We applaud the thoughtful letter from Vialettes and Valéro (1) bringing attention to endoplasmic reticulum (ER) stress as a potential mechanism influencing the decline in β-cell function observed in individuals with type 1 diabetes. We agree that it is a plausible mechanism underlying the preservation of C-peptide seen with aggressive correction of metabolic dysregulation and look forward to the results of the DirectNet/Type 1 Diabetes TrialNet study this year testing the effects of state-of-the-art glycemic control including closed-loop therapy at time of diagnosis on C-peptide. Intriguingly, the current studies referred to by Vialettes and Valéro in the NOD mouse suggest that ER stress antedate the onset of hyperglycemia (2). Previous work in animal models suggested that putting the β-cell to rest with diaxozide or insulin would prevent disease progression (3–5). In humans, although the Diabetes Prevention Trial–Type 1 parenteral insulin study was unable to demonstrate an effect of insulin therapy to prevent type 1 diabetes (6), the β-cell rest hypothesis in that trial was not fully tested as β-cell rest outside the yearly 4-day period of intravenous insulin infusion did not occur. Whether β-cell rest would be sufficient to repair or reduce ER stress in humans is unknown. The current challenge is to identify and evaluate biomarkers of β-cell ER stress in peripheral blood of individuals at risk for or with type 1 diabetes. In this way the role of β-cell ER stress in humans can be studied and appropriate intervention trials designed.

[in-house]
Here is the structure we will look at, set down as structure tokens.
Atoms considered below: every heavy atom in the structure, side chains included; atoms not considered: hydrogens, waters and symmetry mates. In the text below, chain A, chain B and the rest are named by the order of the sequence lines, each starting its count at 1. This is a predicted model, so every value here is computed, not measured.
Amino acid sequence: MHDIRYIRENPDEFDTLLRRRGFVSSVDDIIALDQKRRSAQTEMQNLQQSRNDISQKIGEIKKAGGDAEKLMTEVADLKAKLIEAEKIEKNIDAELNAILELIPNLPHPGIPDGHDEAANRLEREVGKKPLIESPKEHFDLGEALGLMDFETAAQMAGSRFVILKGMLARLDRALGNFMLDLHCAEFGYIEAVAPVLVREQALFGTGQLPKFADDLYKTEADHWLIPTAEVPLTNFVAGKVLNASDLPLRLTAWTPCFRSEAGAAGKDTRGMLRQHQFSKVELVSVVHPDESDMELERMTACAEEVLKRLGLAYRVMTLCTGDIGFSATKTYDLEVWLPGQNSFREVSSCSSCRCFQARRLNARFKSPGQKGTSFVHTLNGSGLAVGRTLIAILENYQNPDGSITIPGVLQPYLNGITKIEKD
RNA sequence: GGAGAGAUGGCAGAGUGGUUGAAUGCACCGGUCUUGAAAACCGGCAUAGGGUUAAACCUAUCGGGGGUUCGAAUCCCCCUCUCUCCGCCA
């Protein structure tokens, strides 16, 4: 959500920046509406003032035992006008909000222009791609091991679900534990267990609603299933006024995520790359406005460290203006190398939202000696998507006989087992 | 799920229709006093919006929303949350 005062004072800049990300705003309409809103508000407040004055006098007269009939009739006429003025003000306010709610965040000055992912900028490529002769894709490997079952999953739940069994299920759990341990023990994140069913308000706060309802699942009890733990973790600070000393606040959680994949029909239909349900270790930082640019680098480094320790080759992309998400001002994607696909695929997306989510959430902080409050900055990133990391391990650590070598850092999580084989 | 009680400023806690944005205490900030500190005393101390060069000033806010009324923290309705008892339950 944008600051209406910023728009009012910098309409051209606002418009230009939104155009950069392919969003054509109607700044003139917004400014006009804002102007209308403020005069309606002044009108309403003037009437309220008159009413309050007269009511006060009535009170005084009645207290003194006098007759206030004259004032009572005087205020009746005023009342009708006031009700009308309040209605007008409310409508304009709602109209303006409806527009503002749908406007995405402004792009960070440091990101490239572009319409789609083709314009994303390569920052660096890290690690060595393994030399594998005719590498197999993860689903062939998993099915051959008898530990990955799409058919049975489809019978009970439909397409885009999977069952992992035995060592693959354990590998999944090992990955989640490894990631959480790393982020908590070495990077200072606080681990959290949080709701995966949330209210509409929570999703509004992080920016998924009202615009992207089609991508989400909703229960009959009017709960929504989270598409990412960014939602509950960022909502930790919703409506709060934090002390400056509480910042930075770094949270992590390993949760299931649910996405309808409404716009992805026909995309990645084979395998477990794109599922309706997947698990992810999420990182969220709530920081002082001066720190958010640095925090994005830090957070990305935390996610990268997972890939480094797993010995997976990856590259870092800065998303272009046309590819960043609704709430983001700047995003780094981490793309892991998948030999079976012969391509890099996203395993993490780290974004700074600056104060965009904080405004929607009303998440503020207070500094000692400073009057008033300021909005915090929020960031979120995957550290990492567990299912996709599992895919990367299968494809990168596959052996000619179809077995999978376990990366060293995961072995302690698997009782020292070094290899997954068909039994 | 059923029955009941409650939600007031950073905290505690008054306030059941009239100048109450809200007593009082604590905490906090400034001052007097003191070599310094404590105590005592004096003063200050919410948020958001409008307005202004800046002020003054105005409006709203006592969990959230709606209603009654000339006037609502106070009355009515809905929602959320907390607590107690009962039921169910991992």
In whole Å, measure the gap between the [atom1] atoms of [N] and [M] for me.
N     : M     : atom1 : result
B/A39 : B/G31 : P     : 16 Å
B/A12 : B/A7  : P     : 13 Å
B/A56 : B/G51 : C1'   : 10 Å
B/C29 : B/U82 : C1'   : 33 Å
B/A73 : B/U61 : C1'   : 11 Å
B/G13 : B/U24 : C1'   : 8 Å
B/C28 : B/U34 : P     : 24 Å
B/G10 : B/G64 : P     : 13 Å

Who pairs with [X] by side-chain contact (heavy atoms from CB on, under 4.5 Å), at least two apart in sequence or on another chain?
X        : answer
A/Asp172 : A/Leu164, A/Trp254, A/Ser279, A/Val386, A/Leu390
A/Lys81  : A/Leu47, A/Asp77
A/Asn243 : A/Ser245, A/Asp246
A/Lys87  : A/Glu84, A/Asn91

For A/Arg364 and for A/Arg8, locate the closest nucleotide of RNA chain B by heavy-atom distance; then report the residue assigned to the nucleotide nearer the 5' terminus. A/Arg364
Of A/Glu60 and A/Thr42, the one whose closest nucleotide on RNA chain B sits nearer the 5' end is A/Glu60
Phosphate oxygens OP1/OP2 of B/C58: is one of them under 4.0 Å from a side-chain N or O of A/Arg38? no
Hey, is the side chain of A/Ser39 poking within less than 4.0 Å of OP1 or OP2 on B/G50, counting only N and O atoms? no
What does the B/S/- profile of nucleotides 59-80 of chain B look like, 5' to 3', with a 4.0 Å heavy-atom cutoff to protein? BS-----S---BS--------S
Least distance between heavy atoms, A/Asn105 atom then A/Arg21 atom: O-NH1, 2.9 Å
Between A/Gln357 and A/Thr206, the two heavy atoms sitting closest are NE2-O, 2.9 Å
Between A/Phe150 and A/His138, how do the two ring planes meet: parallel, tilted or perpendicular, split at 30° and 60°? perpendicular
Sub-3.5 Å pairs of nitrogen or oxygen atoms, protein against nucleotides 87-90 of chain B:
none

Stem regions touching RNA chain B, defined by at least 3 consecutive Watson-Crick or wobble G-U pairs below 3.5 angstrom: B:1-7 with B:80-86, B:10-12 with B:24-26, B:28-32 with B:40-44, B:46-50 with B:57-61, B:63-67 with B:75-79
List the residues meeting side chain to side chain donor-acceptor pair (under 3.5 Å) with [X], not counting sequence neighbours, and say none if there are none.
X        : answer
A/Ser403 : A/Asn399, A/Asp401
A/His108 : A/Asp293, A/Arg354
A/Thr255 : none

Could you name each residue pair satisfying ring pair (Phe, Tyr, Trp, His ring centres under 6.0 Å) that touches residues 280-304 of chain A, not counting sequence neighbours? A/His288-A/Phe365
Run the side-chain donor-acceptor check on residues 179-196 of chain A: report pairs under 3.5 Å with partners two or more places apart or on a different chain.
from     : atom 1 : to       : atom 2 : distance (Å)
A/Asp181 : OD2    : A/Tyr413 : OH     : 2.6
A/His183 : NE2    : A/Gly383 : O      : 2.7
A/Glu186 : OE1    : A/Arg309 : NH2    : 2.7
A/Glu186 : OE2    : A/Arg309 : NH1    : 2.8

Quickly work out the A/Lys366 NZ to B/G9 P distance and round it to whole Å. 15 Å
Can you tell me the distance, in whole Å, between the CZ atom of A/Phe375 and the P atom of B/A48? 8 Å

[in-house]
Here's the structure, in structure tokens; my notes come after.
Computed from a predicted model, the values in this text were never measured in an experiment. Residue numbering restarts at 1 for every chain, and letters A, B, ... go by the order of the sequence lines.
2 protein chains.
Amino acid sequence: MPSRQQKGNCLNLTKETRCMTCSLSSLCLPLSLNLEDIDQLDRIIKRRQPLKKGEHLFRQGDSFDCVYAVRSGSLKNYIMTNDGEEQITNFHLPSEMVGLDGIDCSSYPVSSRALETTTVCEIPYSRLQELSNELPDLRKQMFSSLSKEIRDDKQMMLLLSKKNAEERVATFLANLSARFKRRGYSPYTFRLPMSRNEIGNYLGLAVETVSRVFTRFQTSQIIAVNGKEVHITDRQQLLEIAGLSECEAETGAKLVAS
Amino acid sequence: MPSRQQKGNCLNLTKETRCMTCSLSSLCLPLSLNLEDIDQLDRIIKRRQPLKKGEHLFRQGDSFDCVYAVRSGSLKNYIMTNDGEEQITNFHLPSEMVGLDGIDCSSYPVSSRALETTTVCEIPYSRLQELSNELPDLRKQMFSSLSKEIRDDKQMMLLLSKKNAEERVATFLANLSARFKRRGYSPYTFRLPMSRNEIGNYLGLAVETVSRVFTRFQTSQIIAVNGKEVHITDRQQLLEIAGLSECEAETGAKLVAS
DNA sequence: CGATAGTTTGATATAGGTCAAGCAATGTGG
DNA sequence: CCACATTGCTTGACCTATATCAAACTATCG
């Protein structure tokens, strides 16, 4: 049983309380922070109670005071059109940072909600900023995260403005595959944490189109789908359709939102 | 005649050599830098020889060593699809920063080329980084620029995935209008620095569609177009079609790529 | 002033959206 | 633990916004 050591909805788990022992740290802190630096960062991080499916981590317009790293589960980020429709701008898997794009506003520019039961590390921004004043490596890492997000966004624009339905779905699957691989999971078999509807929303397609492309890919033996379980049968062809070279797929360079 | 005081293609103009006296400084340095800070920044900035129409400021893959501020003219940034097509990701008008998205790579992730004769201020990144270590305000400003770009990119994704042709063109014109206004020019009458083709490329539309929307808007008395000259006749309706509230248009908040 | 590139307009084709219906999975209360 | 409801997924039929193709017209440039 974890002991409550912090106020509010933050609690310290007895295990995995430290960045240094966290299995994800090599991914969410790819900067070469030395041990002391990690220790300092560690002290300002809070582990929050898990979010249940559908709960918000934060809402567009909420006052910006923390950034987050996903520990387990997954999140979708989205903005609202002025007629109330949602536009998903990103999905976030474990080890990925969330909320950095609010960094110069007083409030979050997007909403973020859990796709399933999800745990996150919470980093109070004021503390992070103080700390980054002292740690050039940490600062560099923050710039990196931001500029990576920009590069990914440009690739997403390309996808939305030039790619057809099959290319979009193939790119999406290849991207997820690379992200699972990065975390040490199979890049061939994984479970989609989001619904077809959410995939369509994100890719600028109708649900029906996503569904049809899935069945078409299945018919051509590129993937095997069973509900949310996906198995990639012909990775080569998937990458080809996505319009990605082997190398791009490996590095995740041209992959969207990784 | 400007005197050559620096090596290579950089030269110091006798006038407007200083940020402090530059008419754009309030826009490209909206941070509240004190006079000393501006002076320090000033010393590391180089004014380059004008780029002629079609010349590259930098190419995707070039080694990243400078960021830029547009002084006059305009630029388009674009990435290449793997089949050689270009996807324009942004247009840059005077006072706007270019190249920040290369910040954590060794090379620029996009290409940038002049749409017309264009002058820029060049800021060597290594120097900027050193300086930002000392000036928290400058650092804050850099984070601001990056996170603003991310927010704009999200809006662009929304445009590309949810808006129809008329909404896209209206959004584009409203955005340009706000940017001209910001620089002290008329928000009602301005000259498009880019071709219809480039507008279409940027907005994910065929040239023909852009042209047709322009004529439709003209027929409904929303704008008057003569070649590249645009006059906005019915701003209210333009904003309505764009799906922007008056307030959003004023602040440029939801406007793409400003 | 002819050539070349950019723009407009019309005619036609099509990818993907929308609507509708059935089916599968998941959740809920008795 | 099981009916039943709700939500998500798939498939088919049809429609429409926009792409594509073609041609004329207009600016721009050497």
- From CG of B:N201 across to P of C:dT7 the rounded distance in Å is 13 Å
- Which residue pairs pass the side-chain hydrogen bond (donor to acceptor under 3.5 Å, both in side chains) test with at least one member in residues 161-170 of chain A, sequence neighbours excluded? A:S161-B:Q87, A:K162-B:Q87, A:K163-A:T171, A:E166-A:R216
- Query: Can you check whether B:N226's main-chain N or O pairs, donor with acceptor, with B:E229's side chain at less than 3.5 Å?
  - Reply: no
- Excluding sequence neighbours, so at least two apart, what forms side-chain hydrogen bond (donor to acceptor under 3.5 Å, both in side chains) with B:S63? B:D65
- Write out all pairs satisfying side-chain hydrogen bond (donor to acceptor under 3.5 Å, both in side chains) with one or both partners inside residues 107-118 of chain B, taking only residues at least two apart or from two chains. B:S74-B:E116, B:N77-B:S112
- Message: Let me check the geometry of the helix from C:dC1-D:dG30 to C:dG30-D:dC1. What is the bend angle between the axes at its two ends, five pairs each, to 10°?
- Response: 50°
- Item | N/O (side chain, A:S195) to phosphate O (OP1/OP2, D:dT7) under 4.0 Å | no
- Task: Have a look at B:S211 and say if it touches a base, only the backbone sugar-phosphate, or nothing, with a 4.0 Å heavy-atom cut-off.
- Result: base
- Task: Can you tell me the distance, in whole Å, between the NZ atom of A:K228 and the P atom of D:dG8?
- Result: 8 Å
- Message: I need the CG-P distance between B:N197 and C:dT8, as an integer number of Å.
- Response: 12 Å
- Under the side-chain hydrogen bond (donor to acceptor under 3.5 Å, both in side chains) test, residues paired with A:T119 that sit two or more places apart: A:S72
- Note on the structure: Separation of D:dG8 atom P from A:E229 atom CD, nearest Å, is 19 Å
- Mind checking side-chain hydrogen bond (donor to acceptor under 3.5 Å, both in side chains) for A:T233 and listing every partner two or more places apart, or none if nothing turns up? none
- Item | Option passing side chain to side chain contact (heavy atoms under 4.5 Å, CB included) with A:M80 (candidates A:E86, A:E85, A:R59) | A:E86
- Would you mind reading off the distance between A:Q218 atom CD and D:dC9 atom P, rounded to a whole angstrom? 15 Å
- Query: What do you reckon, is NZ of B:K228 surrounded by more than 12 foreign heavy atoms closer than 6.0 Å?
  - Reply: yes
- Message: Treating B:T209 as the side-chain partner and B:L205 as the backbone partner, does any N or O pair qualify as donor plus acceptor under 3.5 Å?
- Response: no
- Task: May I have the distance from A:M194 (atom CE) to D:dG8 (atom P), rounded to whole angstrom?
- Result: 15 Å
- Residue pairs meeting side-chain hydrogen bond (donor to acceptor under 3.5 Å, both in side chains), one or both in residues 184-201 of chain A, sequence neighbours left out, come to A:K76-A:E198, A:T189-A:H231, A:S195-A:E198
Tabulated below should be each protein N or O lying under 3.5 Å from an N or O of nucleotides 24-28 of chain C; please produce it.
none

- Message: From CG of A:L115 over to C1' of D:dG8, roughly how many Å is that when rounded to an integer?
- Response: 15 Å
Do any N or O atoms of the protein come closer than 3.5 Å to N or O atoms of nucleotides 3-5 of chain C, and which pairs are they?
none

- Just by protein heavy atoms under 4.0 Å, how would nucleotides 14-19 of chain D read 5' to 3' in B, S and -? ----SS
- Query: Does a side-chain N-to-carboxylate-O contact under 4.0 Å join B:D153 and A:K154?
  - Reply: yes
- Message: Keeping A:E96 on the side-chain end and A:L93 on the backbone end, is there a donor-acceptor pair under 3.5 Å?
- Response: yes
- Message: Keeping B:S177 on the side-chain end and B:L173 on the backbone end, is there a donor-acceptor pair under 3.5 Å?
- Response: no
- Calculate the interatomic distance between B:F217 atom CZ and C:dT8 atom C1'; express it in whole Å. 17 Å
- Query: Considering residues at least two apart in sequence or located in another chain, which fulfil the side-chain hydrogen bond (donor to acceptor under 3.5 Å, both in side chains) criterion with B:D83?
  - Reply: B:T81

No potential conflicts of interest relevant to this article were reported.